Saturday, May 29, 1993...

Driving across Washington, the weather was a helluva lot better than I'd feared. The sun was out for most of the day; when it wasn't, it wasn't hiding too far away. Just hope it lasts...

The friendliest motel in Randle, WA

This morning began with a drive across the Cascades on US 12 -- suitably forested, with two nice scenic turnouts, if nothing eye-poppingly spectacular. The road also connects with entrances to Mt. Rainier National Park and Mt. St. Helens National Volcanic Monument, so the scenery's not far away... Eventually 12 joined I-5/US 99 for several dozen miles, before the final sprint to the coast at Aberdeen. 12 ends at the junction with US 101, but a block east, a huge chainsaw carving makes a more noteworthy photo opportunity. One road down, two more to go on this trip...

Boundary marker, northern Washington

I sprinted up I-5, bound for the Canadian border. The northern terminus of I-5/ US 99 abuts a Peace Arch Park, constructed in the early part of the century as a symbol of international friendship. Most of the money came from schoolchildren, while the inspiration was provided by Sam Hill, the same man who built the Stonehenge war memorial in Maryhill, Washington. Unfortunately the arch itself was shrouded with scaffolding for some kind of repair, but the international park remained about the mellowest border crossing imaginable: a park extending for a hundred or so yards on each side of the border, which could be freely crossed.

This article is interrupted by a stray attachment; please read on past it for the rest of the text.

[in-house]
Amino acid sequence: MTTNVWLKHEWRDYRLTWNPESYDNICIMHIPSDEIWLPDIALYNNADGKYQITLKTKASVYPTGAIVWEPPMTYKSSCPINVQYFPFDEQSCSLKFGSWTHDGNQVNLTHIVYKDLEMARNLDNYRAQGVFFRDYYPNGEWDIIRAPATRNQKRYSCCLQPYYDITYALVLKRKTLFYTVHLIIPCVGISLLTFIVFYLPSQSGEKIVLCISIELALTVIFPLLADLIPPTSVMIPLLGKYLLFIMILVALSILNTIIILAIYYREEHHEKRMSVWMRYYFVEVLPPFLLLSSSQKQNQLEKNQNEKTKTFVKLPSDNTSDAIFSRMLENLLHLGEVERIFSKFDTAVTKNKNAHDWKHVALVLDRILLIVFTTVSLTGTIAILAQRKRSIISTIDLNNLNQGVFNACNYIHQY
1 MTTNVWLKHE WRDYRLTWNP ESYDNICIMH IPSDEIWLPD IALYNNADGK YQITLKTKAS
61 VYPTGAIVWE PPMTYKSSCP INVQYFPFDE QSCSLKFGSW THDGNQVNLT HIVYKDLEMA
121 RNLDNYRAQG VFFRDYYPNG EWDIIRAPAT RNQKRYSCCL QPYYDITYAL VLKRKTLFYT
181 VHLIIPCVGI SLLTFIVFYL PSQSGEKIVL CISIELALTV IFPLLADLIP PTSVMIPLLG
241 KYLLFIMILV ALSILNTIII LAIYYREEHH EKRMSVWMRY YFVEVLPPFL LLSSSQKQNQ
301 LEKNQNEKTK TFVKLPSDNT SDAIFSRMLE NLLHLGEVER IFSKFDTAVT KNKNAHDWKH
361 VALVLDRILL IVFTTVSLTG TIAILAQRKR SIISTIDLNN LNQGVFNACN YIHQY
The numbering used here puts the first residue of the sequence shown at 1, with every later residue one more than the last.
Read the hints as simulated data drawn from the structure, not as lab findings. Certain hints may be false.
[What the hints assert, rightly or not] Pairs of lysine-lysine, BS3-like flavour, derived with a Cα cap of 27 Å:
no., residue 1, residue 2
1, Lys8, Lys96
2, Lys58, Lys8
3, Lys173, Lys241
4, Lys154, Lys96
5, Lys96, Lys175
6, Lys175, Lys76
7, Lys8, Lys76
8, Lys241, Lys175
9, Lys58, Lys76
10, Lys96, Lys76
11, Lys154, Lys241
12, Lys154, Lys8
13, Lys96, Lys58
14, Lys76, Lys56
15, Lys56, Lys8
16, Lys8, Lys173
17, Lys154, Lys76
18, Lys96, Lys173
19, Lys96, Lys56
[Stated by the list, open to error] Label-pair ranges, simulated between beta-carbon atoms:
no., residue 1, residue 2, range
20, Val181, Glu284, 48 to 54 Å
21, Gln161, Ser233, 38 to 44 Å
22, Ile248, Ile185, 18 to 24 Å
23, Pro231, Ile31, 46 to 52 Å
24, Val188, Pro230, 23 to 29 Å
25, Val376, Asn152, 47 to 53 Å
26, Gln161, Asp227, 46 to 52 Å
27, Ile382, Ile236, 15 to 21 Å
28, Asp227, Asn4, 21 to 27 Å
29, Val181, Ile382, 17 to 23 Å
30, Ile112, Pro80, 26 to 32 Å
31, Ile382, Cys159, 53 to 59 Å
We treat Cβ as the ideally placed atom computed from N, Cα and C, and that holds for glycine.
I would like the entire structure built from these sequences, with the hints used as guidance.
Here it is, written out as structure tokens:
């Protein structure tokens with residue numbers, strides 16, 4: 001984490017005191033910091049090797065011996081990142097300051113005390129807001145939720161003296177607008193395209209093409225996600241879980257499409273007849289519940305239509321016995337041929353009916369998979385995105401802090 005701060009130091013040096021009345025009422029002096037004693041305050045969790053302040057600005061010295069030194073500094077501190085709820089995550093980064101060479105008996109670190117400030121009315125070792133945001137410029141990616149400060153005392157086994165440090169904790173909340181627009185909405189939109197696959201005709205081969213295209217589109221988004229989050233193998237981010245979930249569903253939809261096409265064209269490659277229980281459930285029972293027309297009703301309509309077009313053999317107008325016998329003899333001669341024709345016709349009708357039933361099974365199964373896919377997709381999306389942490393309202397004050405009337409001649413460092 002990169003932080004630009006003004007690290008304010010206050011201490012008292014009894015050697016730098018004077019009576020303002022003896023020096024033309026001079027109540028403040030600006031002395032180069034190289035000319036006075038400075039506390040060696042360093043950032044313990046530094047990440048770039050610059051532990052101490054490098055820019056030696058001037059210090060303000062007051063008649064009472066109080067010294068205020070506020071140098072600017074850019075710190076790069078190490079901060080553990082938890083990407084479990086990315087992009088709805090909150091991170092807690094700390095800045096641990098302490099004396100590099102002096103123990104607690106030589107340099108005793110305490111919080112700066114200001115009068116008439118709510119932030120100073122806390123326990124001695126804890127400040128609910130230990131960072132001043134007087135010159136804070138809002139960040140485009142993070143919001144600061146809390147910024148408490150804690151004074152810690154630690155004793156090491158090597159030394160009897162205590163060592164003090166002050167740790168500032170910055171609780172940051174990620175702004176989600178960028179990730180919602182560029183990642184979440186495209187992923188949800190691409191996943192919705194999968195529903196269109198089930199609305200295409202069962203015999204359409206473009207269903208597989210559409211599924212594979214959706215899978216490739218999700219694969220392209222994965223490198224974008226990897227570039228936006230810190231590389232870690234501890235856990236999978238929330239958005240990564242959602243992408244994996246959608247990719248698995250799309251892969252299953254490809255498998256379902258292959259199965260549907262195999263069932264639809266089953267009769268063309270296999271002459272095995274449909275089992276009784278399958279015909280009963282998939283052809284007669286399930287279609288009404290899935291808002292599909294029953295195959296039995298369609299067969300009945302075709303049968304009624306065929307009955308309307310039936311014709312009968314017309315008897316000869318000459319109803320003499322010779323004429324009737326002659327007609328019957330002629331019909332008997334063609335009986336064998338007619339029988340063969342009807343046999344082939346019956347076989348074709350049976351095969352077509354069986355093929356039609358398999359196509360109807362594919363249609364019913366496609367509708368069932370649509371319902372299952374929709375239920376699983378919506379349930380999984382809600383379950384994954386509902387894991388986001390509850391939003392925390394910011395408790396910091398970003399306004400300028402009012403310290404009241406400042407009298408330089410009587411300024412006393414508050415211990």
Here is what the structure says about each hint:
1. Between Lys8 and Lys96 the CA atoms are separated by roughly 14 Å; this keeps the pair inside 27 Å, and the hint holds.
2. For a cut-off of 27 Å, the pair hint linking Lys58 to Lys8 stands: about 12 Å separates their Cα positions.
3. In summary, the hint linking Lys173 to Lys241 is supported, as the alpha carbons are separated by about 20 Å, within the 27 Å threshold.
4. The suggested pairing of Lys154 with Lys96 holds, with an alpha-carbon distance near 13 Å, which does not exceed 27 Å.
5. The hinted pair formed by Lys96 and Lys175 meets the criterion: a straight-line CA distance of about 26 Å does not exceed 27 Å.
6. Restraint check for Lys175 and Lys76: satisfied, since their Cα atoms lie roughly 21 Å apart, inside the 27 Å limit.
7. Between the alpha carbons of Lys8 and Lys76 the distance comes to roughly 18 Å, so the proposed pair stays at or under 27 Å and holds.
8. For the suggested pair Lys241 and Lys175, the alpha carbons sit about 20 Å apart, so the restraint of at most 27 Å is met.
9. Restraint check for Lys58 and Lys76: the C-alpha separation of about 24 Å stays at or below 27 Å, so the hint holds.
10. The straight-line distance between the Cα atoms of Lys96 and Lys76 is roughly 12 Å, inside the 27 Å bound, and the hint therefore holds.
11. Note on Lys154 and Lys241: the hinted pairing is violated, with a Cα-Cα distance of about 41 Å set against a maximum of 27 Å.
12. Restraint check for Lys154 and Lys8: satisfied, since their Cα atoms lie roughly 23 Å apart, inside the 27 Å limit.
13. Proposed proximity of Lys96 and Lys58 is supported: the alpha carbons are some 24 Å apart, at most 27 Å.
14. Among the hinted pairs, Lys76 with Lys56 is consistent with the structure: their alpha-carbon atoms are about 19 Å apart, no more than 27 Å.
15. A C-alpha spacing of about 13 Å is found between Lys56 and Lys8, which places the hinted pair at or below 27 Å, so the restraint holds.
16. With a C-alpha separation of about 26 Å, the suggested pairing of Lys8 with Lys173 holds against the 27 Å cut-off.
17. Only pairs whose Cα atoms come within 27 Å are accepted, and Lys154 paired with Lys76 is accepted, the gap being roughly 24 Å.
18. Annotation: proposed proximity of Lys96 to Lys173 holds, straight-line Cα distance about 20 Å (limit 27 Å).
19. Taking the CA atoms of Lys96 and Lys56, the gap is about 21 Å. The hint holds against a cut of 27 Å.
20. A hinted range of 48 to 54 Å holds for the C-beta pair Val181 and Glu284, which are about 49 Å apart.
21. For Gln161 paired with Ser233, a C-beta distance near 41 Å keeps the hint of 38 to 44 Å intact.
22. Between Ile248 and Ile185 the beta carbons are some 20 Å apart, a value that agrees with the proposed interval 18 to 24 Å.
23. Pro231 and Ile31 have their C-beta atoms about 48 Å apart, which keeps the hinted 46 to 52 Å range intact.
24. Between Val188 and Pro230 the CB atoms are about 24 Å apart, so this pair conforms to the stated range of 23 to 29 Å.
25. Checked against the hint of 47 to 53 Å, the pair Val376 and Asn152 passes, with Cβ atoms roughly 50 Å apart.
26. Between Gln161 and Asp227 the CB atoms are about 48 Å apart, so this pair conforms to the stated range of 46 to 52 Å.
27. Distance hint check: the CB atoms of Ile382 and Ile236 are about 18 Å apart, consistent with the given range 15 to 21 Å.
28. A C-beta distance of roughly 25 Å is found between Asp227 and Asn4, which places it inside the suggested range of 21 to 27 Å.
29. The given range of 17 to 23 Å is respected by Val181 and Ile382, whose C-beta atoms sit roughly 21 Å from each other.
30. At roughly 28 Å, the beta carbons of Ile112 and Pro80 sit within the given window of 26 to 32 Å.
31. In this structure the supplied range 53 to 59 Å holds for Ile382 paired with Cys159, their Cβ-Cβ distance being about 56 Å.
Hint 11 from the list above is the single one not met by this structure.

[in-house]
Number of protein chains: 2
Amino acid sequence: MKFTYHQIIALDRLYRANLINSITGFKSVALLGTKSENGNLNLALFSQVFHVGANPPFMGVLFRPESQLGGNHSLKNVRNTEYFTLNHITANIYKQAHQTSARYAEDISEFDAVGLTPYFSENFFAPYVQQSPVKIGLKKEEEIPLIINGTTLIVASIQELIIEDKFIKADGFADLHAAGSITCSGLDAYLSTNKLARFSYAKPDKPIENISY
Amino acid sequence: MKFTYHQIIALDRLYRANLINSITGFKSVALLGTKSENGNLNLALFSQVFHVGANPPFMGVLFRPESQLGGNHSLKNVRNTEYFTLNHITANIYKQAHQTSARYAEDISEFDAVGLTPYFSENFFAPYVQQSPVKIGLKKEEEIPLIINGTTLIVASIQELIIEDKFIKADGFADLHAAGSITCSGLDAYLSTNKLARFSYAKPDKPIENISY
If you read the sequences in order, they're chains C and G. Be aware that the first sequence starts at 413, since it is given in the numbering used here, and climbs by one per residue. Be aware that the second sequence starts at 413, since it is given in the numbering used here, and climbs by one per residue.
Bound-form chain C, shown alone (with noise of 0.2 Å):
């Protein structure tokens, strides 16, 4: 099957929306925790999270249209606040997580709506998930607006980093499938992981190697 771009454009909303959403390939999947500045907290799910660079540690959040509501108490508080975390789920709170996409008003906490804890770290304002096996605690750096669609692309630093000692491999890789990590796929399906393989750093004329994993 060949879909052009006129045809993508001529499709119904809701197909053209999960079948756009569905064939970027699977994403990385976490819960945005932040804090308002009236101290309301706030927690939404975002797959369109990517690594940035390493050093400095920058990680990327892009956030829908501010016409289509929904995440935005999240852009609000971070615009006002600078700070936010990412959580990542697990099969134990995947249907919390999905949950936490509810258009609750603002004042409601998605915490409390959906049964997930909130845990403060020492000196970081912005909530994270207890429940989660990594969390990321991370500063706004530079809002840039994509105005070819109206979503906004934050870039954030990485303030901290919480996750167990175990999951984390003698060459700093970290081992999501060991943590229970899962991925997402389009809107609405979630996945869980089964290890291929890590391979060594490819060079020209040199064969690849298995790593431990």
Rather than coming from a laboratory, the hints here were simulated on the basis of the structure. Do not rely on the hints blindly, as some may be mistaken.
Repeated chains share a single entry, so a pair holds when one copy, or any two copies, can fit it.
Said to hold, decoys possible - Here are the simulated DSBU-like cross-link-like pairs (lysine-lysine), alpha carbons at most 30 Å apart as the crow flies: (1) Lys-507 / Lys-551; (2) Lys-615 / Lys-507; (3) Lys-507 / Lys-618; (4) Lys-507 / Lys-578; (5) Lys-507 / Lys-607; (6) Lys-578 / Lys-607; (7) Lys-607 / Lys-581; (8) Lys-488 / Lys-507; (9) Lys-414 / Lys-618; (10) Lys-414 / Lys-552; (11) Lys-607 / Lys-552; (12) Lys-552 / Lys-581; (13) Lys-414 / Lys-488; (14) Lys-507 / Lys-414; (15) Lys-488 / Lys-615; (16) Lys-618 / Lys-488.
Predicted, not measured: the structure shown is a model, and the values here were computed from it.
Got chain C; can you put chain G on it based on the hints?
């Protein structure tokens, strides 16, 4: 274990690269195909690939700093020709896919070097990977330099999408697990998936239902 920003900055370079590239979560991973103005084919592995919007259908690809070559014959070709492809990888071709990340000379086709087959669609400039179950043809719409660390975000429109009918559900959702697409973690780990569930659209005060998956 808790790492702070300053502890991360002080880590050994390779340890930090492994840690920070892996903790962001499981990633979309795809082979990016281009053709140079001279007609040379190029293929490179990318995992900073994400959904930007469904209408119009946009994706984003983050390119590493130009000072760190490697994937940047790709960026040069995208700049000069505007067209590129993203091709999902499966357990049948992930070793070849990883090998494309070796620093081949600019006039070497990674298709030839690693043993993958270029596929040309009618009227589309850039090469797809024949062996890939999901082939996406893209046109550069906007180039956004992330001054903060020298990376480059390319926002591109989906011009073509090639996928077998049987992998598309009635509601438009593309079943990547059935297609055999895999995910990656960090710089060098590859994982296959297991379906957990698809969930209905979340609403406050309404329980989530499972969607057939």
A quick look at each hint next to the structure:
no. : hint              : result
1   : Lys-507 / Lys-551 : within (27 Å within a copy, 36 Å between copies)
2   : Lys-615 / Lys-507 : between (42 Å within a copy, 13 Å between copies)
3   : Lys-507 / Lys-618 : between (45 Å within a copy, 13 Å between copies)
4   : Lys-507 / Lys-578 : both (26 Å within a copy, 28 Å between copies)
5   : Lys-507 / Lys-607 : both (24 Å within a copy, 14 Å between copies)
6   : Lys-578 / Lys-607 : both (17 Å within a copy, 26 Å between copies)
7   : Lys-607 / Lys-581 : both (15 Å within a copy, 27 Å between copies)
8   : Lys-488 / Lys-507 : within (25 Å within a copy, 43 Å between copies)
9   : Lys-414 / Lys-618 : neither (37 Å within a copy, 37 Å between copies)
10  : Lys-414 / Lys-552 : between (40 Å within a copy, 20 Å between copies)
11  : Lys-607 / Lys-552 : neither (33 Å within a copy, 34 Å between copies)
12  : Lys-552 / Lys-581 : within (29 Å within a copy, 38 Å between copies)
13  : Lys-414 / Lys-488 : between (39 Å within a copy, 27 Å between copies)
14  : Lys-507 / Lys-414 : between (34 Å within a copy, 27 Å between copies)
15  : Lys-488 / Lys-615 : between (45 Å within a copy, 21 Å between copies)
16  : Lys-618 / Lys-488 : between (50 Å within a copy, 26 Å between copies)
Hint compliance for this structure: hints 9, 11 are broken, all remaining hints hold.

Heading south once more, it was apparent that I-5 was built directly on top of some portions of US 99 -- at one point, the southbound lanes traversed a bridge built in 1931, while the northbound lanes passed over a much more modern structure. There wasn't much to see until I reached the I-5/US 99 split in Everett...but from there south the roadside was chock-full of goodies. I checked into my motel and waited for dark to begin exploring.

Aurora Avenue (former US 99), Seattle

At 9:30, it was finally dark enough for my strip-cruising purposes. I turned south on Aurora Avenue, my eyes peeled for neon signs and other symbols of the classic roadside. In Lynndell, I passed the wonderfully-named Court of Monte Cristo; further south more old-style, postwar motels, cafes, and roadhouses mingled with more modern auto dealerships and strip malls. I followed Aurora Avenue for twenty miles, into the heart of downtown Seattle, before turning back.

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